The House is broken 

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The congress is not a very received branch of government. Read more to find out about their mishaps. Illustration by Kaitlyn Tran/Daily Campus.

It’s no secret that Congress is unpopular. The most recent Gallup poll found that only 22% of Americans approved of how Congress was handling its job. But why is Congress so unpopular? It all stems from the House of Representatives becoming increasingly dysfunctional and ego-driven, turning what once was a highly regarded institution of democracy into an absolute trainwreck.  

The dysfunction of the House was on full display during the vote for Speaker of the House two weeks ago. The vote for speaker is usually a routine process, as the majority of speakership votes have only taken one ballot. However, a group of ultra-conservatives headlined by known sex trafficker Matt Gaetz and Colorado firebrand Lauren Boebert led an intra-party opposition to Kevin McCarthy to force multiple rounds of voting, the first time this occurred since 1923. In their various nominating speeches for their preferred speaker candidates — including representatives Jim Jordan (R-OH), Byron Donalds (R-FL) and yes, even Donald Trump — they brought up generic talking points about how Washington is broken and how McCarthy represents the status quo and wouldn’t change anything.  

While they’re correct about McCarthy being a sleazebag establishment figure, they failed to recognize that one of the reasons Washington is broken is because of lawmakers like them holding up the legislative process. The holdout from the “Never Kevin caucus” resulted in 15 rounds of voting for a speaker. As a result, representatives were unable to be sworn in until the speaker was elected, meaning that as the vote occurred, the House had no members and essentially didn’t exist. The prolonged vote also delayed the distribution of committee assignments, establishment of House rules and the ability to pass any legislation. And while four days are arguably insignificant in the grand scheme of the 118th Congress, the fact that this group of conservative rebels intentionally held the hostage in voting for a speaker — despite the fact that McCarthy was going to win eventually — is a damning indictment of how volatile the House has become. This volatility is likely to increase during this session of Congress, as McCarthy made many concessions in order to get the votes for speaker that could lead to ousting him as speaker and a potential government shutdown.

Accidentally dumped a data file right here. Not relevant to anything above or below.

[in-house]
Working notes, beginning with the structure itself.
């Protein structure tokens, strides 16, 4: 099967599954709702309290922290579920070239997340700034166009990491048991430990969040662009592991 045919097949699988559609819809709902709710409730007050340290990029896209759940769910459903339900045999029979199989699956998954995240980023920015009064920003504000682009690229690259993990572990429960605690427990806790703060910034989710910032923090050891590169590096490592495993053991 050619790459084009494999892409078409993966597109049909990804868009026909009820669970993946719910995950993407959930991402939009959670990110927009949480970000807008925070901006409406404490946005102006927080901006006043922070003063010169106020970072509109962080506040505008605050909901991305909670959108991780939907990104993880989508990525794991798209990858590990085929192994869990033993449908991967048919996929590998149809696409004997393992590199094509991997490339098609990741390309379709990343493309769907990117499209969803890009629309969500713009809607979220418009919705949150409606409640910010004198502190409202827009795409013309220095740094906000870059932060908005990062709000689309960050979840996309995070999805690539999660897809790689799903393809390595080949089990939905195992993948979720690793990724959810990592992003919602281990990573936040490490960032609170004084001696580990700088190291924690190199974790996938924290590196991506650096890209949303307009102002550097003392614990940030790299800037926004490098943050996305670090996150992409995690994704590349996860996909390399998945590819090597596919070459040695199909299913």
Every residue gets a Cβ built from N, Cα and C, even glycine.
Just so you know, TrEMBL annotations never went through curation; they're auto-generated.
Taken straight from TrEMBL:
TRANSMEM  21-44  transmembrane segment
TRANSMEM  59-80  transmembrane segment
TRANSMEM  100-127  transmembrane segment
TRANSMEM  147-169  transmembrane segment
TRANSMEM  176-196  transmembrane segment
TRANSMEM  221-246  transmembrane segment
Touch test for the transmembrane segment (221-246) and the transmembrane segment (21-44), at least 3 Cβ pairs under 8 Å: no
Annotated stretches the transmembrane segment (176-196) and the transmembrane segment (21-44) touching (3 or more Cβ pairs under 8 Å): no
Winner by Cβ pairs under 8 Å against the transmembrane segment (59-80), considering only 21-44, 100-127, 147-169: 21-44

But even if the speaker vote only took one round of voting, the House in the 118th Congress was bound to be problematic. Despite McCarthy proclaiming the Republican’s new house majority as a “new beginning,” in reality it’s going to be a step backwards for America as they seek to play the role of obstructionist to the Biden administration. This will likely stall many of Biden’s legislative goals, rendering this Congress ineffective as the House and Democratic-controlled Senate deadlock. But House Republicans are likely to pursue investigations and culture war-influenced policy just to boost their ego. The most notable one of these is an investigation into Hunter Biden and the Biden family, as the House Oversight Committee website proclaims that, “Members of the Biden family have a pattern of peddling access to the highest levels of government to enrich themselves.” Of course, these are the same Republicans who have vigorously defended the Trump family over the same accusations. It’s also more than likely that the House will impeach Biden at some point during this Congress just so Republicans can brag that Biden was impeached. Similar to Trump’s first impeachment, the chances of Biden being removed from office are very low, but Republicans will nonetheless probably go for it to boost their fragile egos.  

As if this dysfunctional and partisan weaponizing of the House wasn’t bad enough, things are made worse by the reality that the House has become a cesspool of ideologues who care more about their national profiles and name recognition than passing legislation. These figures are found on both the left and the right, including representatives Alexandria Ocasio-Cortez (D-NY) and Marjorie Taylor Greene (R-GA). There’s also representatives who are just a magnet for controversy, most notably scandal-plagued compulsive liar George Santos (R-NY). I would be shocked if any of the names I just mentioned or any similar representatives pass any meaningful legislation during this session of Congress.  

To adjourn, the House of Representatives is a broken institution that will not improve with the hyper-partisanship and demagogic figures that will come to define the 118th Congress. While some legislation may be passed, House Republicans will likely be more focused on impeaching Biden and figuring out what to do about George Santos.  

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